Gareth Dyer’s rugby column

Gareth Dyer
Gareth Dyer
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Former Preston Grasshoppers player and ex-director of rugby at Lightfoot Green writes every week for the Evening Post

“The game’s gone soft…” – this oft repeated phrase has been doing the rounds in rugby circles for a while but it has been heard more and more in recent weeks.

Over the last couple of weeks’ players, coaches and supporters have shown their displeasure at the new 
high tackle laws that are due to come into effect in January – but in reality are already being applied by referees.

So what is changing? Essentially the laws have been tightened so that players making contact with an opponent’s head in “reckless tackles” will receive a yellow card at least.

Taking that on a stage, players will also be punished even if the tackle starts below the shoulders but results in contact with the head being made in the final result.

If head contact is accidental – for example, if a ball-carrier slips into a tackle – a penalty will be awarded.

As a result, a number of players have been sin-binned in games with a number of high profile coaches warning that the officiating of high tackles is becoming a bit of a joke.

I must admit I have watched games where incidents have occurred that have led to players either being penalised or sin-binned and my initial reaction has been that the decision was a bit over the top.

But then I have reminded myself why this approach is much needed and is long overdue.

Quite simply, the game of rugby union has a serious problem with concussion.

As players have got physically bigger and the contact area more brutal – let’s not forget this is a sport where coaches now measure the G-Force ratings of players to assess how hard they are hitting opposition players in the contact areas – then is should come as no surprise that concussion has been the most commonly reported injury in the sport for a number of seasons.

When you then consider that 76% of reported concussions suffered by players last season were the result of being on the receiving end of a high or dangerous tackle then you can see the need for action.

Far too many players are being forced into early retirement through concussion.

A quick internet search reveals the names of dozens of players that have been 
forced out the game as a result of this.

It is reaching almost epidemic levels.

Add in the high profile concussion management issues surrounding players such as George North and Jonny Sexton and whilst the moves made to protect player welfare are going in the right direction, those moves have not gone far enough or been introduced quickly enough.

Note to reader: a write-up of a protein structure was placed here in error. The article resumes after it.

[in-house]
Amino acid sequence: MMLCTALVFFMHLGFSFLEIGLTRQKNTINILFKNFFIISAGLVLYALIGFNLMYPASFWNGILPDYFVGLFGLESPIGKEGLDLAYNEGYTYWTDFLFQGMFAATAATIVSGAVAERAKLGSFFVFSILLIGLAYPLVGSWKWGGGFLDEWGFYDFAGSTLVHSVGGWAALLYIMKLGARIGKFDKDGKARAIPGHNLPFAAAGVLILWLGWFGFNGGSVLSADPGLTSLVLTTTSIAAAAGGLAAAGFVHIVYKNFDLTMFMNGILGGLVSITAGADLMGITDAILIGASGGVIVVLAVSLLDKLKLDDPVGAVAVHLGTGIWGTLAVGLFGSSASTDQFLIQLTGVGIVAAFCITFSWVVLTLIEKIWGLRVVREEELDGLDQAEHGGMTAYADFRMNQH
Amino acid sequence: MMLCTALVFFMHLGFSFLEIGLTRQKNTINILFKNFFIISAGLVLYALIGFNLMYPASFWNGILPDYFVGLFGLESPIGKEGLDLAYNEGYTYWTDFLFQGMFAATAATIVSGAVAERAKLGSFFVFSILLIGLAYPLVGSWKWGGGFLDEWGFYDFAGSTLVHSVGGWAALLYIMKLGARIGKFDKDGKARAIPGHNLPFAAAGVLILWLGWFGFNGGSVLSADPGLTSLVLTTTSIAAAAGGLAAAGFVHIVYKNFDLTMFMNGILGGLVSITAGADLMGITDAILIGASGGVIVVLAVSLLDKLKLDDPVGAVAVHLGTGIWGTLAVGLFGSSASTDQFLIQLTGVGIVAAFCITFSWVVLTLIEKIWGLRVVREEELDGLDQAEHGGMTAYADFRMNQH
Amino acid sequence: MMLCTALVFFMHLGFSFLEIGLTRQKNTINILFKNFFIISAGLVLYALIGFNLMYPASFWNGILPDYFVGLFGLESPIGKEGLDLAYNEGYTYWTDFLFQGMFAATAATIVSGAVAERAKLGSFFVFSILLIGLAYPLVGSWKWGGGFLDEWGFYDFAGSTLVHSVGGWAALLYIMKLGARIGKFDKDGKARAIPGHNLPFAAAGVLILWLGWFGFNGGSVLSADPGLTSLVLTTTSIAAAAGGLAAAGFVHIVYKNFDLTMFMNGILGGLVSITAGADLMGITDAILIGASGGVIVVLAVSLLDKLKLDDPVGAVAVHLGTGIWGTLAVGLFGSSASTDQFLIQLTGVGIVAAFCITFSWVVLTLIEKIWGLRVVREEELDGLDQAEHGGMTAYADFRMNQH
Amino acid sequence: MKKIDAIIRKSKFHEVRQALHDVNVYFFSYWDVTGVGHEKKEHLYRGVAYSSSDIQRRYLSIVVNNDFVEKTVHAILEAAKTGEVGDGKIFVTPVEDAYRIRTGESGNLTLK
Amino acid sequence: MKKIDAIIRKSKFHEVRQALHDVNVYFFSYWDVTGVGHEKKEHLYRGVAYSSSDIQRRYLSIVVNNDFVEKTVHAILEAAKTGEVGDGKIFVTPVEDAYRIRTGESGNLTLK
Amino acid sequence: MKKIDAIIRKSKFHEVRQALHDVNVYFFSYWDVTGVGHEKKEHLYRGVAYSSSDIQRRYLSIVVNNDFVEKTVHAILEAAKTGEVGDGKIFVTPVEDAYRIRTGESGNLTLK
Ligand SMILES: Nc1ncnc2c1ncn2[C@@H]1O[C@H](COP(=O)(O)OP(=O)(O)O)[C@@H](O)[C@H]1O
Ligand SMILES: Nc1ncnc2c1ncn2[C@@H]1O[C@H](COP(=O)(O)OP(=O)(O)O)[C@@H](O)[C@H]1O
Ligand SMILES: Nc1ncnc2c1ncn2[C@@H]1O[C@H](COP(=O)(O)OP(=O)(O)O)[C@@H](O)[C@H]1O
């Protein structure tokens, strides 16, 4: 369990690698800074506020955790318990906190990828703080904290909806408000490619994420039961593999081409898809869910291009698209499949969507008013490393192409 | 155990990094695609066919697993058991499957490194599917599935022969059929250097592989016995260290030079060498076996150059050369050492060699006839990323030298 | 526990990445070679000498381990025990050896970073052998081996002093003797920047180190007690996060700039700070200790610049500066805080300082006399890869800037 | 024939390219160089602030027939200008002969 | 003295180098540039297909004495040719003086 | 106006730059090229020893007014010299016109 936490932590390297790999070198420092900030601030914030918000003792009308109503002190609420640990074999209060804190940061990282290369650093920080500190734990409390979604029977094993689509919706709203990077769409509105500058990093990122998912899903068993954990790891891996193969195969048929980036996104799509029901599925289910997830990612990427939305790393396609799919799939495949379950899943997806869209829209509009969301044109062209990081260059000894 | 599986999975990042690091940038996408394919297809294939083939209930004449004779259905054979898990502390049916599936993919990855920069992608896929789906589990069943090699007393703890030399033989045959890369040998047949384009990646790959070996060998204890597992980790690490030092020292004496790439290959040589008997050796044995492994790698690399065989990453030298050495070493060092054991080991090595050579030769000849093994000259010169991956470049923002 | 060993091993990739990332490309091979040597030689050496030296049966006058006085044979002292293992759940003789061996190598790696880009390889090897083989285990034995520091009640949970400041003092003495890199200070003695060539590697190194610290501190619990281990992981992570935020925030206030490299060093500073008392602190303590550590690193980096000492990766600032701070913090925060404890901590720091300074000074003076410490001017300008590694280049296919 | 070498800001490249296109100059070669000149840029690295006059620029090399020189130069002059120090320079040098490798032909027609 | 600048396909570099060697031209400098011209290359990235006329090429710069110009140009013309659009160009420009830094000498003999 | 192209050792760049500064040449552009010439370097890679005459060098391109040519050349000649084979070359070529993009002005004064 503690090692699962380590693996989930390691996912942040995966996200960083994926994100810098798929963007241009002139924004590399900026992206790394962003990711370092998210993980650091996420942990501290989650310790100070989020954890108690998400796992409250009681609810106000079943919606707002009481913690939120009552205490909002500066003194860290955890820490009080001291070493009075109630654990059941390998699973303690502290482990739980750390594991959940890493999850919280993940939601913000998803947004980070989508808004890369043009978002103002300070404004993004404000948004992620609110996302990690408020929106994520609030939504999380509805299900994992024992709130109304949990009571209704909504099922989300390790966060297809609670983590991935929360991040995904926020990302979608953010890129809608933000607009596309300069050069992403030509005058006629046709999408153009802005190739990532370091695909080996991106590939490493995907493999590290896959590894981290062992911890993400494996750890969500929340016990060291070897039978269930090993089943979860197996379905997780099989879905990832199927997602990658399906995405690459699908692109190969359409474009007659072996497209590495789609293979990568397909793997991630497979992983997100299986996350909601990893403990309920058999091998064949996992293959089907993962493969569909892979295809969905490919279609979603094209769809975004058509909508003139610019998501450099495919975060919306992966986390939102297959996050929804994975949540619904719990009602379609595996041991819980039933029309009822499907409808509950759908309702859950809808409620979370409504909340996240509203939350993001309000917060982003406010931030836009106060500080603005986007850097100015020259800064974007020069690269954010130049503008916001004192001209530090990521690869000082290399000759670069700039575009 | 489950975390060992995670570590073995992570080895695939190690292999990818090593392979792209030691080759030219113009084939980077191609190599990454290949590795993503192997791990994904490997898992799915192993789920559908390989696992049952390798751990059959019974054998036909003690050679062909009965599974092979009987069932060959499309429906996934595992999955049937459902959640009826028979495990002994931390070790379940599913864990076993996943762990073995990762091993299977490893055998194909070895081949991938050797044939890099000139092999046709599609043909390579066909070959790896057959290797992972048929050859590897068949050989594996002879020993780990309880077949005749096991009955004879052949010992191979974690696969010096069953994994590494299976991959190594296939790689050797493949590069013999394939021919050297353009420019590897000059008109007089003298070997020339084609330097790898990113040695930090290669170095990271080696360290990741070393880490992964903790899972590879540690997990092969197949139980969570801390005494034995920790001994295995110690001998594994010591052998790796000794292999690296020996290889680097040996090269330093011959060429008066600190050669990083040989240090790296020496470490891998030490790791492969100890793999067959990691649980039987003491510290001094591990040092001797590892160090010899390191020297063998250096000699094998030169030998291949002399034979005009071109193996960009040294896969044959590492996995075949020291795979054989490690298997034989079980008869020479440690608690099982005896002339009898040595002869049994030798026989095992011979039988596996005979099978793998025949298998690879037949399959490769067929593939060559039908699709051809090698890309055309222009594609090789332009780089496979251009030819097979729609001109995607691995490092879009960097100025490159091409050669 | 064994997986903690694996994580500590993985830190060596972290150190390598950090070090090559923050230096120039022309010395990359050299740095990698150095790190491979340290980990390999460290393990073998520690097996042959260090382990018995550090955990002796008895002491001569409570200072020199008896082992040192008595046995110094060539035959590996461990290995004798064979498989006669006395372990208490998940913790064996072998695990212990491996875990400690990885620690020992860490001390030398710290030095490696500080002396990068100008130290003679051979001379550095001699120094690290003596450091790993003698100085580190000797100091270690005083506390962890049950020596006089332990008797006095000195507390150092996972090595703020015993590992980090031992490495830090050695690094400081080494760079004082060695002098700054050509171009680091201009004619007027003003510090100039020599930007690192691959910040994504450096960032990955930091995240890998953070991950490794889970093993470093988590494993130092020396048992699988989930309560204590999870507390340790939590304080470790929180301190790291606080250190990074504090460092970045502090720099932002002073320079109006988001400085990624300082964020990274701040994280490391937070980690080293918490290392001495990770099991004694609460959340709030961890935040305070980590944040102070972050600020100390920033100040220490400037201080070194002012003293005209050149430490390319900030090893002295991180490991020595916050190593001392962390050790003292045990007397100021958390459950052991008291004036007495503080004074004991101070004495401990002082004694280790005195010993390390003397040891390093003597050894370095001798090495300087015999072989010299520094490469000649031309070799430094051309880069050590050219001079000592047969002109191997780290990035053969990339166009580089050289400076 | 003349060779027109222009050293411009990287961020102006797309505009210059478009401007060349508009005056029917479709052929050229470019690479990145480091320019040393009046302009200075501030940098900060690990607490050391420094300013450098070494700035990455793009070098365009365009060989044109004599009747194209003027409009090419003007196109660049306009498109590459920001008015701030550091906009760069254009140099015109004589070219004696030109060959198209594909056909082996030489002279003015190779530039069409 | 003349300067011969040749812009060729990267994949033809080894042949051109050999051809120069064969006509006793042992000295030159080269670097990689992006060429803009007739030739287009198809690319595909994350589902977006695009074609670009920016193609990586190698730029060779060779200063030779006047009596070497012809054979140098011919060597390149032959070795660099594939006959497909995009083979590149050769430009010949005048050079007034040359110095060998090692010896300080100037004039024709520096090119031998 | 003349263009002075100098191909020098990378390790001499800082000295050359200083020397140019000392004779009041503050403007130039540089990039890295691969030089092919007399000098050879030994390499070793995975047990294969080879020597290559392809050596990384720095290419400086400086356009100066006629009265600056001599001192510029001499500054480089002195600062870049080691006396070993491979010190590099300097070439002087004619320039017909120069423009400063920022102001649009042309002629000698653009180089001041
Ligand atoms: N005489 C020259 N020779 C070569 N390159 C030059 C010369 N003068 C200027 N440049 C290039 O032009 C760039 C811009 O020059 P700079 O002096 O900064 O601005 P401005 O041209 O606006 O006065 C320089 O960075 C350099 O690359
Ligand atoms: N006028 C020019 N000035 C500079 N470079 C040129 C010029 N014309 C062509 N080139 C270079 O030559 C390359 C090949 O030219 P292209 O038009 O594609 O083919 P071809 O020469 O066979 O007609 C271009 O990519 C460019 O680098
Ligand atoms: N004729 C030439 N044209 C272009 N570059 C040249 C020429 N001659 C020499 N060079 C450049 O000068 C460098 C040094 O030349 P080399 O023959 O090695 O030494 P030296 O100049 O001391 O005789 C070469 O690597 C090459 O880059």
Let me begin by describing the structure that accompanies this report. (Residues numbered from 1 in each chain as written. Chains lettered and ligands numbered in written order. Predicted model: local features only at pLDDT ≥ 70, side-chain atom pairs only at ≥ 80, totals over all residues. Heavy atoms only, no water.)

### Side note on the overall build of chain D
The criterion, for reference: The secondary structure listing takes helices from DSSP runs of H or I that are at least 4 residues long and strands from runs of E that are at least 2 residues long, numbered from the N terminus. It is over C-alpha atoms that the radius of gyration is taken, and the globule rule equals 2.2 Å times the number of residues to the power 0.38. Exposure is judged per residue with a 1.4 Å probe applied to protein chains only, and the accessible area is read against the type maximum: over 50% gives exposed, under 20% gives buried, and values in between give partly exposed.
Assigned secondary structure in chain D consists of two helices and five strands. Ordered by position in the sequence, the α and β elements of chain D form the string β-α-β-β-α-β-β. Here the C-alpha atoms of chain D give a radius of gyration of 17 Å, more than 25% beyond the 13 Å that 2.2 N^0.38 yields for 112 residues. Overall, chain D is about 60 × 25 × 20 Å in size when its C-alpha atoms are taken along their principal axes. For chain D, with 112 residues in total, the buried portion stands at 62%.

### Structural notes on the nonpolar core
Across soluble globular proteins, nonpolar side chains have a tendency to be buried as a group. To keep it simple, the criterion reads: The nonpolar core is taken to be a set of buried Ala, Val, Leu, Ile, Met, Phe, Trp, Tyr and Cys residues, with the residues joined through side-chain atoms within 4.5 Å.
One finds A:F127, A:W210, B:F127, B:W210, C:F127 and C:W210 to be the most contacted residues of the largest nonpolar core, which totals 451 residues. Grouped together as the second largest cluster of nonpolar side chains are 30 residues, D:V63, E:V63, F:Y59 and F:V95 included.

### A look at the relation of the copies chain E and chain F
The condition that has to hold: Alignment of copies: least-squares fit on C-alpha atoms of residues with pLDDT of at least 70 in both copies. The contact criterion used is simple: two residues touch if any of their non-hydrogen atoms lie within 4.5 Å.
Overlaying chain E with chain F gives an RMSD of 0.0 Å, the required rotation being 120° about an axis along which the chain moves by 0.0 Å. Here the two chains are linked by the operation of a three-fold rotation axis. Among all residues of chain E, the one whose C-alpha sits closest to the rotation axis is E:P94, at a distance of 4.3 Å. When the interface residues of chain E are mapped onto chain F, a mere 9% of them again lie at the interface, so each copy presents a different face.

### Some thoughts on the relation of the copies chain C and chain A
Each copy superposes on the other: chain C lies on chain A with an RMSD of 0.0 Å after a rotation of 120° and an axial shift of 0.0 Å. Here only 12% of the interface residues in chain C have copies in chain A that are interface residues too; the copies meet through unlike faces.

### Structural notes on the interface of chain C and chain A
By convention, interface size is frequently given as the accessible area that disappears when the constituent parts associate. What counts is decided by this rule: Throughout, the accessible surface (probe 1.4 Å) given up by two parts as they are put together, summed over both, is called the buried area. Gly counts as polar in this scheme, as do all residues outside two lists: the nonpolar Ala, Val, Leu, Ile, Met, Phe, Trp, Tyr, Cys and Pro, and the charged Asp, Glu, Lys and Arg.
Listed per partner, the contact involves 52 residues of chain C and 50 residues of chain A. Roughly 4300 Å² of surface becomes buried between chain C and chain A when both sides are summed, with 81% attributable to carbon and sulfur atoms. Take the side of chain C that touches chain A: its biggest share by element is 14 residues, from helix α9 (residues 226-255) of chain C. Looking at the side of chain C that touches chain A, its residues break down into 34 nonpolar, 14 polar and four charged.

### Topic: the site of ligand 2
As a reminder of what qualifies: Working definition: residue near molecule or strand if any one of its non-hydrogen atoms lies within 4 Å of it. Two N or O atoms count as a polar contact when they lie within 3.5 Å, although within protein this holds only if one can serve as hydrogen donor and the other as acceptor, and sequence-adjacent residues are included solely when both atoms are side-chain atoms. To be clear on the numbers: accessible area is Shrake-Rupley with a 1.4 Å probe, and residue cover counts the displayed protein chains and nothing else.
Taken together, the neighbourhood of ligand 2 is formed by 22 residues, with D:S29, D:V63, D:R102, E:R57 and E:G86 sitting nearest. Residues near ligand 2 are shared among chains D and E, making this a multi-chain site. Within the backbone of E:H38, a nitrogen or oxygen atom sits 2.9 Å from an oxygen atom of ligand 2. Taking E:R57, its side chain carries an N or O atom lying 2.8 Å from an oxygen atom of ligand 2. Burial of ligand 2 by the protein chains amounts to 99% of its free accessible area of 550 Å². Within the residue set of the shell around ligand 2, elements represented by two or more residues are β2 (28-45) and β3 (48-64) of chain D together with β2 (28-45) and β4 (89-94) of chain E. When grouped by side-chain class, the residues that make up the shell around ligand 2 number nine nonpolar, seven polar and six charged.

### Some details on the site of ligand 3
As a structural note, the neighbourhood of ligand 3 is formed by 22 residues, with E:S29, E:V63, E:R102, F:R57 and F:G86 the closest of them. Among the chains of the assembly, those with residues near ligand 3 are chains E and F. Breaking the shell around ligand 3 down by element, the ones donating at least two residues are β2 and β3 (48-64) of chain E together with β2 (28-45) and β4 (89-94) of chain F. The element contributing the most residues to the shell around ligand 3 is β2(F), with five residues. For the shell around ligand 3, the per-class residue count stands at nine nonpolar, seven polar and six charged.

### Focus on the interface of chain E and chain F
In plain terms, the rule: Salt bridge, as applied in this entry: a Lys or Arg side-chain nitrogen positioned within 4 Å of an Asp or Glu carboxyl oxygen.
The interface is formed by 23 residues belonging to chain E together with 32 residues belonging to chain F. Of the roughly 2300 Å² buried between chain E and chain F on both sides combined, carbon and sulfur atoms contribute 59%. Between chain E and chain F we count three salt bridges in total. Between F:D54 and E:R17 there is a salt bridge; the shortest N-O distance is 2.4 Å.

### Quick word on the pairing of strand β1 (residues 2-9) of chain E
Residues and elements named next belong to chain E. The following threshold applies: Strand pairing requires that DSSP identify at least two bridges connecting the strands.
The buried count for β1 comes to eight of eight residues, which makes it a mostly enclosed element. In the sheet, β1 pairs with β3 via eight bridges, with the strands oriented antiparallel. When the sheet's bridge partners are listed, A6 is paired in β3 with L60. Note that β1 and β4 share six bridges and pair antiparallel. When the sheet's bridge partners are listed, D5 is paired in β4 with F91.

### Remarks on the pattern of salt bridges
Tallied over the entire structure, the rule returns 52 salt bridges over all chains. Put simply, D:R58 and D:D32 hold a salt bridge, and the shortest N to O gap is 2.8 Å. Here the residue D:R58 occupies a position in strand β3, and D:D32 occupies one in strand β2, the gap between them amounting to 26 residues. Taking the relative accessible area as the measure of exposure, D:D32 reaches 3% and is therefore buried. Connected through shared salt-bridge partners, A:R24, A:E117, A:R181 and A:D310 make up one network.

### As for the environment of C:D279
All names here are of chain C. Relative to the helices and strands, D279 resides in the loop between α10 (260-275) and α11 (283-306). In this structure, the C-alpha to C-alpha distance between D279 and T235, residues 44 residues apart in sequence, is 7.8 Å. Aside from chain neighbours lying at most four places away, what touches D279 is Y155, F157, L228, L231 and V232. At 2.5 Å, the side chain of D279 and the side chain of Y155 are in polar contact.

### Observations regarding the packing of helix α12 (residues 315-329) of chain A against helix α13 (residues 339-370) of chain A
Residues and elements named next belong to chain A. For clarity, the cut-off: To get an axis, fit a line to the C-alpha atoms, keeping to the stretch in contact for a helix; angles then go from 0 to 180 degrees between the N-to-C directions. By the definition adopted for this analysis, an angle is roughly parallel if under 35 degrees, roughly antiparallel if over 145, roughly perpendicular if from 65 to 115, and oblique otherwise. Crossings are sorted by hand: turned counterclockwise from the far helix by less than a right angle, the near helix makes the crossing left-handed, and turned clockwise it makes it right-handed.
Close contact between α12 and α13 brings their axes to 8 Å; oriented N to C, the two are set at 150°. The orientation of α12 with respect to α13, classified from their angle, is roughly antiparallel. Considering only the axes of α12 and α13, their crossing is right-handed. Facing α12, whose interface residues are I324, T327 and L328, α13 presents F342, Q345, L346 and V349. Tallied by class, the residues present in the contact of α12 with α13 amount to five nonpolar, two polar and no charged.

Some of the expert comment about this subject makes for sober reading.

A quote from Dr William Stewart - a renowned consultant neuropathologist – made a pretty blunt assessment of the situation when he said:

“We can’t be sure exactly how repeated concussions affect the brain over the long term, more importantly, who might most be at risk of long term damage.

“What we can say is that these injuries need to be taken seriously.

“Shoulders can be rebuilt; hips can be replaced but if you damage your brain you can’t get it back”.

Already we are hearing of the first wave of retired professional players showing symptoms of brain related illnesses such as early onset dementia.

So whilst treatment protocols such as Head Injury Assessment and Return to Play are welcome as a reaction to incidents, a proactive approach to the reduction of injury causing incidents is vital.

A change in culture of the sport is now essential and the new tackle protocols are the start of that.

World Rugby says the new rules, which come into effect on January 3, 2017 “aim to change culture in the sport to ensure that the head is a no-go area”.

Essentially players must understand their duty of care to their fellow players.

It can be achieved and it can be a positive for the game.

One of the positives of modern rugby culture has been the end of free-for-all fist fights that were an almost accepted feature of the game in the 1970s and 1980s.

Tougher punishments and the realistic threat of legal action soon put an end to that.

Players quickly realised they could no longer have a stand-up fight, cause damage and then wander off the pitch at the end of the match as if nothing had happened.

Whilst there is a world of difference between the malicious intent involved in throwing a punch and the dangerous execution of poorly timed tackle, the basic premise of player responsibility is the same.

So whilst the new tackle laws might currently be seen as sanitising the sport, they are designed to ensure that players understand their responsibilities towards their fellow players when they cross the whitewash.

To my mind World Rugby should also be looking to further police the breakdown where the likelihood of injury is also high – and it should do so soon.

There will be a period of settling down and tweaks to the new laws but in the 
end this is a vital move for the sport.

Rugby is a wonderful sport where the benefits to those that play remain numerous.

Get this important area right and those benefits will be enhanced and more importantly remembered by those who play the sport long after they’ve retired – hopefully having done so on their own terms.